• Coralynn Davis, associate professor of women’s and gender studies and of anthropology at Bucknell University;
• Nora Fisher, curator emerita of textiles and costumes at the Museum of International Folk Art in Santa Fe, N.M.;
• Arthur Flowers, associate professor of English at SU;
• Pika Ghosh, associate professor of art at the University of North Carolina at Chapel Hill;
• Kajri Jain, associate professor of Indian visual culture and contemporary art at the University of Toronto in Mississiauga (Ontario);
• Rani Jha, master painter and teacher at the Mithila Art Institute in Madhubani (India);
• Frank Korom, professor of religion and anthropology at Boston University;
• Darielle Mason, the Stella Kramrisch Curator of Indian and Himalayan Art at the Philadelphia Museum of Art and adjunct associate professor of the history of art at the University of Pennsylvania;
• David Szanton, president of EAF and former executive director of international and area studies at the University of California, Berkeley; and
• Peter Zirnis, curator and photographer of Mithila art and an EAF board member.
Organizers are particularly excited about Jha, who will conduct several painting demonstrations and workshops at SU and in area schools, as well as teacher training sessions at Onondaga-Cortland-Madison BOCES.
A feminist from rural India, she uses painting to raise awareness of social justice issues for Indian women.
“Rani Jha was born into a conservative Brahmin family, where girls receive little or no education,” Goenka says. “She railed against tradition and went to school, eventually earning a Ph.D. in Maithili folk traditions. Today, she is one of the leading scholar-artists of her kind.”
For more information about Jha’s residency, call 315-443-2553.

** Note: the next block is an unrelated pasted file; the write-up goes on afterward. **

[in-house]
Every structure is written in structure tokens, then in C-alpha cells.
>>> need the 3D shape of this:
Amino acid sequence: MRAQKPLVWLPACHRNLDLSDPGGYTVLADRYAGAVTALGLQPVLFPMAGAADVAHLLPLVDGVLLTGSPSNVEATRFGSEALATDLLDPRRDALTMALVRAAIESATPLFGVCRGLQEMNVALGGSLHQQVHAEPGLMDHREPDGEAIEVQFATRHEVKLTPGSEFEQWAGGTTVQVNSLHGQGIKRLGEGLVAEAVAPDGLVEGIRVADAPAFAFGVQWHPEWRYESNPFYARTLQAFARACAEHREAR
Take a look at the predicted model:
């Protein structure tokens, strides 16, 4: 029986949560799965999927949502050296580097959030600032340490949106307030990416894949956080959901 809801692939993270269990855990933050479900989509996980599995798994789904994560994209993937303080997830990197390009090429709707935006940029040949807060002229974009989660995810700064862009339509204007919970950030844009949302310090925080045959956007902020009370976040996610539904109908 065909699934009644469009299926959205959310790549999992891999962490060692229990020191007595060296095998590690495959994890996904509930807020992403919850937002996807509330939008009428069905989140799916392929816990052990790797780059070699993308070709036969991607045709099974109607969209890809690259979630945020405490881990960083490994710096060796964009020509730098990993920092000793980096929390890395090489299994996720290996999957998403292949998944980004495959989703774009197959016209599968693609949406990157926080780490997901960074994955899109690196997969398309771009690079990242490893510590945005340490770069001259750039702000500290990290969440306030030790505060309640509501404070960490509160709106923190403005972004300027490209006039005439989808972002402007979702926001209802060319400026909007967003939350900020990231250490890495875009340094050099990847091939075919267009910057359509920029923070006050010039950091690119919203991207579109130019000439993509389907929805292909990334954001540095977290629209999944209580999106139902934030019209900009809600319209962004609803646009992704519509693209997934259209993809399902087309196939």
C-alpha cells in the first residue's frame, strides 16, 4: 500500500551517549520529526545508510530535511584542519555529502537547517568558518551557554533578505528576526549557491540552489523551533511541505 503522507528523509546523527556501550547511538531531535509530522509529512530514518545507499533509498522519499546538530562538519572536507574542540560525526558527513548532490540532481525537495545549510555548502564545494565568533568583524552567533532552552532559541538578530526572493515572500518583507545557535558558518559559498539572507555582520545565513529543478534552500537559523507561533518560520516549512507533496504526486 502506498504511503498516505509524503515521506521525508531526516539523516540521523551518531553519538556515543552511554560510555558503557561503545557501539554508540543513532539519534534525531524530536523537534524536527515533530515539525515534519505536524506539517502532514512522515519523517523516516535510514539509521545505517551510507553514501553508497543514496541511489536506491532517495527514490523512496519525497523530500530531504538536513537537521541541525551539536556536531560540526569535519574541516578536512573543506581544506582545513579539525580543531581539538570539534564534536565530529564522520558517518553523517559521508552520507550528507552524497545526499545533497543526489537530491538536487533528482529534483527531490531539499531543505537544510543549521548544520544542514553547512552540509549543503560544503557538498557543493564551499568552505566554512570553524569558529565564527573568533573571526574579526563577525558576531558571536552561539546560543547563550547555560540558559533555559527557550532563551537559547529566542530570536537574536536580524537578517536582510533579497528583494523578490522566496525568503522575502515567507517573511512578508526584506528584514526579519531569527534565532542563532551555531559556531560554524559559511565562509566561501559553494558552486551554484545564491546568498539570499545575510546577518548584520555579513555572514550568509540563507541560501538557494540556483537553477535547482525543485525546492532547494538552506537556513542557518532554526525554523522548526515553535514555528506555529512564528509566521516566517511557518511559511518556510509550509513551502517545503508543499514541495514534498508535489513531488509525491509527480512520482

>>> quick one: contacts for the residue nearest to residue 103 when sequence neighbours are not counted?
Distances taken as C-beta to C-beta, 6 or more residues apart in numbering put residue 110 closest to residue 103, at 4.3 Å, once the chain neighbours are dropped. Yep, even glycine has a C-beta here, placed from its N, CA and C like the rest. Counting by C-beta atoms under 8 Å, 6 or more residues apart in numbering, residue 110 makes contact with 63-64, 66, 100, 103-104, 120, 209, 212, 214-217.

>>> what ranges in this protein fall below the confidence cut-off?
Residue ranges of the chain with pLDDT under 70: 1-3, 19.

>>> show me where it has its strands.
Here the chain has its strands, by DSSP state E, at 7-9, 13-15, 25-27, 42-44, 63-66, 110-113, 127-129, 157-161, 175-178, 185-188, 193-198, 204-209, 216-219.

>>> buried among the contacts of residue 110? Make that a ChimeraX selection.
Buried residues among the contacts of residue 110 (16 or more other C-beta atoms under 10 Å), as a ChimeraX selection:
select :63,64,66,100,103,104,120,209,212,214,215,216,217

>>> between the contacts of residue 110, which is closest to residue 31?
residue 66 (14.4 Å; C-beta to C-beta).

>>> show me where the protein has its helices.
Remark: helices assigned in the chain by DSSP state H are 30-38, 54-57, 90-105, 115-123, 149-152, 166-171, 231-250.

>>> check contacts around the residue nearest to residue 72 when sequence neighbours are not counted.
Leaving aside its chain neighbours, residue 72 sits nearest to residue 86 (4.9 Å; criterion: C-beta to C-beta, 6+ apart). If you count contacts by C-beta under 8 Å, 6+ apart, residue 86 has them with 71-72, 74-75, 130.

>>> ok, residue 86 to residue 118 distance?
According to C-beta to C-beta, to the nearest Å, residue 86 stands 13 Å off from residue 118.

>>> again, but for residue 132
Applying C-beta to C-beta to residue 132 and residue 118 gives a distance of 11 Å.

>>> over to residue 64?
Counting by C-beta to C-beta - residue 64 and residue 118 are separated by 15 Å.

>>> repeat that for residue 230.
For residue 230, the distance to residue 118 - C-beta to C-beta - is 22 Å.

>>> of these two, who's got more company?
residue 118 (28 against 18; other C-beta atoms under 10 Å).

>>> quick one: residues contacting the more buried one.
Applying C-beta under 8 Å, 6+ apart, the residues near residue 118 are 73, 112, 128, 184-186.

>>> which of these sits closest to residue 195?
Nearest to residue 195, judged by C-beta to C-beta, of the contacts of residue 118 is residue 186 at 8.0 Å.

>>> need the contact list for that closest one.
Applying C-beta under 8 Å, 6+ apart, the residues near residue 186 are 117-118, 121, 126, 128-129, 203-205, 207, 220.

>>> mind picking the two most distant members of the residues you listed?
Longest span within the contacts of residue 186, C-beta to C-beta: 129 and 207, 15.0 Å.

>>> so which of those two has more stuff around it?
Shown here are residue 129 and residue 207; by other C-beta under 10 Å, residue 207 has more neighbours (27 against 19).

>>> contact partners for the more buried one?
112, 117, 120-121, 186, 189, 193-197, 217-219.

Long the domain of upper-caste women, Mithila artwork is known for its vibrant color and geometrical shapes. Such paintings originally consisted of murals, which adorned the inner walls of homes and courtyards and depicted mostly gods and goddesses, deity symbols and daily life.
When Mithila painting was introduced to the outside world in the 1930s, it underwent a rapid transformation in terms of commodification, style and content.
“Today, women of all ages use Mithila painting to comment on issues ranging from arranged marriages, to dowry deaths, to female infanticide. But it’s also used to celebrate female goals and accomplishments,” says Wadley, citing a famous painting that envisions Indian and Pakistani women playing cricket together, something that would have been unheard of 40 years ago.
“Transformations” is underwritten by a Title VI grant from the U.S. Department of Education’s National Resource Center.
Additional SU sponsors are the Special Collections Research Center; the Renée Crown University Honors Program; the departments of Anthropology and Religion; Susan S. Wadley, the Ford-Maxwell Professor of South Asian Studies; and the Friends of Swami Agehananda Bharati.
“Transformations” is part of the Ray Smith Symposium Series, established in 1989, as the result of a bequest from the estate of SU alumnus Ray W. Smith ’21 to support humanities programming in The College of Arts and Sciences.